Across metro Atlanta, the desire to both stay safe and step out was evident in all sorts of contrasts over the holiday weekend, the first since Gov. Brian Kemp’s shelter-in-place order ended.
Marinas and beaches were packed, and many city parks were busy, but most public pools were closed. Malls that had been shuttered were open on what’s usually a big shopping day, but some stores were still locked and others allowed only small groups of shoppers.
Memorial Day events honoring service members who had made the ultimate sacrifice were kept tiny to stay safe, but veterans and families desperate to mark the day made their way into cemeteries to honor the dead while also social distancing.
James Mitchum, director of the Georgia National Cemetery in Canton and the Marietta National Cemetery, took part in small, private ceremonies held at both cemeteries on Monday morning. He’s used to having 2,000 to 3,000 people at a Memorial Day event with a band, choral music and a podium for remarks. Instead, a group of four people shared short comments about what Memorial Day is all about, while also conducting a wreath presentation and listening to taps. Mitchum said it was a powerful experience.
“The gratitude for those who gave their lives — I could feel it more in my heart than I had in years past,” he said. “We’re going through difficult times now, but the folks that we honor on this day, they are the folks who wrote the book on difficult times.”
Across Atlanta, Monday’s holiday marked a first step out into public settings for some.
Robert Conn drove to Atlanta from south Georgia on Monday to visit Zoo Atlanta, where employees were wearing masks and visitors had to get advance tickets to enter at set times to allow for social distancing inside the zoo. He said it was a spur of the moment decision to do something fun after being in lockdown.
“This is our first thing since all of this started,” said Conn, who planned to be careful not to get too close to others.
Flavia Pereira of Alpharetta said she works in a hospital and made plans with a co-worker to go to Zoo Atlanta, hoping to enjoy the holiday after spending weeks focused solely on being healthcare workers during the pandemic. “We’ve been working and not able to do anything fun and we decided to have a girls day out at the zoo,” she said.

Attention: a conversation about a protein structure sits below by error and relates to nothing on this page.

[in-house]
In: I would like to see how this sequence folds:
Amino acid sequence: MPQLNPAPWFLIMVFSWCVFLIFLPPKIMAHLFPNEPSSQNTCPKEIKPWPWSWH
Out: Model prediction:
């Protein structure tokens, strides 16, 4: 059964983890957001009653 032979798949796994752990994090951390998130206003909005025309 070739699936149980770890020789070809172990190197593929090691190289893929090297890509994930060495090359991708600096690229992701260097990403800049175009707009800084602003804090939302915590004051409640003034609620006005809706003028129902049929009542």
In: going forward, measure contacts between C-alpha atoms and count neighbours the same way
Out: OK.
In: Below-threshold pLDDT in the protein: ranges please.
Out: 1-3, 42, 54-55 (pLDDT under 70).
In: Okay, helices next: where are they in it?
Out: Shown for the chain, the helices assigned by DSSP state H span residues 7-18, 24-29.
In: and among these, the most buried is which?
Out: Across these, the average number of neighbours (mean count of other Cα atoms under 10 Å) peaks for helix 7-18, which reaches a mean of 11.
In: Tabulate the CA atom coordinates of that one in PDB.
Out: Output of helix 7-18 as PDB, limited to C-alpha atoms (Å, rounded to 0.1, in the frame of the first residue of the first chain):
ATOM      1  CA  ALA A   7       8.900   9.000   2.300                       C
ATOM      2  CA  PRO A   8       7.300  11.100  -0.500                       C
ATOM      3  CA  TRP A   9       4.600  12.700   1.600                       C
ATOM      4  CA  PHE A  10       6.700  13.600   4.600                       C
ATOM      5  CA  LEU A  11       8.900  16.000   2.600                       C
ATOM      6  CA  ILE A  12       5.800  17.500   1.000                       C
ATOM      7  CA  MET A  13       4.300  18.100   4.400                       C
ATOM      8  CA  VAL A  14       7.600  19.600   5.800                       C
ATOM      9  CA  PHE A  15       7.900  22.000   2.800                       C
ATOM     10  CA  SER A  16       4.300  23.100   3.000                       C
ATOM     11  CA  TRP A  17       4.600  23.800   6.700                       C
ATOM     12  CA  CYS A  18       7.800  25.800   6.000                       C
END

It was the first time since March that she’d been able to go out and socialize. She said it made sense to do something outside, which experts say is safer.
Shoppers who hadn’t hit the mall in weeks were out, although crowds were lighter than normal at both Lenox Square in Atlanta and at Tanger Outlet in Commerce. At both Lenox and the Tanger Outlet, customers waited outside of Nike stores to get in, since these and other stores were limiting shoppers.
Kohn Kennerly, who just graduated from high school, was with friends at Lenox waiting in a line outside the mall to shop at Nike. He said they tried to go out for breakfast but had trouble finding a restaurant and hoped to spend the day shopping and hanging out.
For many Atlantans, celebrating the holiday meant finding green spaces. At midday on Monday, both Piedmont Park and Grant Park were dotted with families and small groups of friends having picnics. The Atlanta Beltline was busy with people walking and riding bikes.
Sisters Jodi Lucas and Kamari Morrow took a break along the Beltline on Monday with their dogs, King and Zoey, outside of Ponce City Market. They said they hadn’t ventured out much since the coronavirus forced Georgia into a lockdown. Lucas said she had been working at home, and Morrow’s high school closed and converted to home schooling.
They said their family had a Memorial Day cookout at home Sunday, and they decided to get out with their dogs on Monday.
John Tackett said he organized a group of about two dozen people who are part of a club to walk more than four miles round trip from a restaurant to the Marietta National Cemetery. The Atlanta Rucking Club gets together for walks carrying weighted backpacks. They hadn’t been able to meet recently for an event due to the coronavirus outbreak, but Tackett said Memorial Day seemed like the right time to get together.
He said those in the group brought about 200 small American flags to place on graves at the cemetery and timed their arrival with a flyover by military helicopters.
“We have all been cooped up for a long time,” said Tackett, adding he wanted to “bring some semblance of what our normal life used to be.”
Plus, he said, marking Memorial Day is important. “I wanted to give back to those who have given their lives for our freedoms.”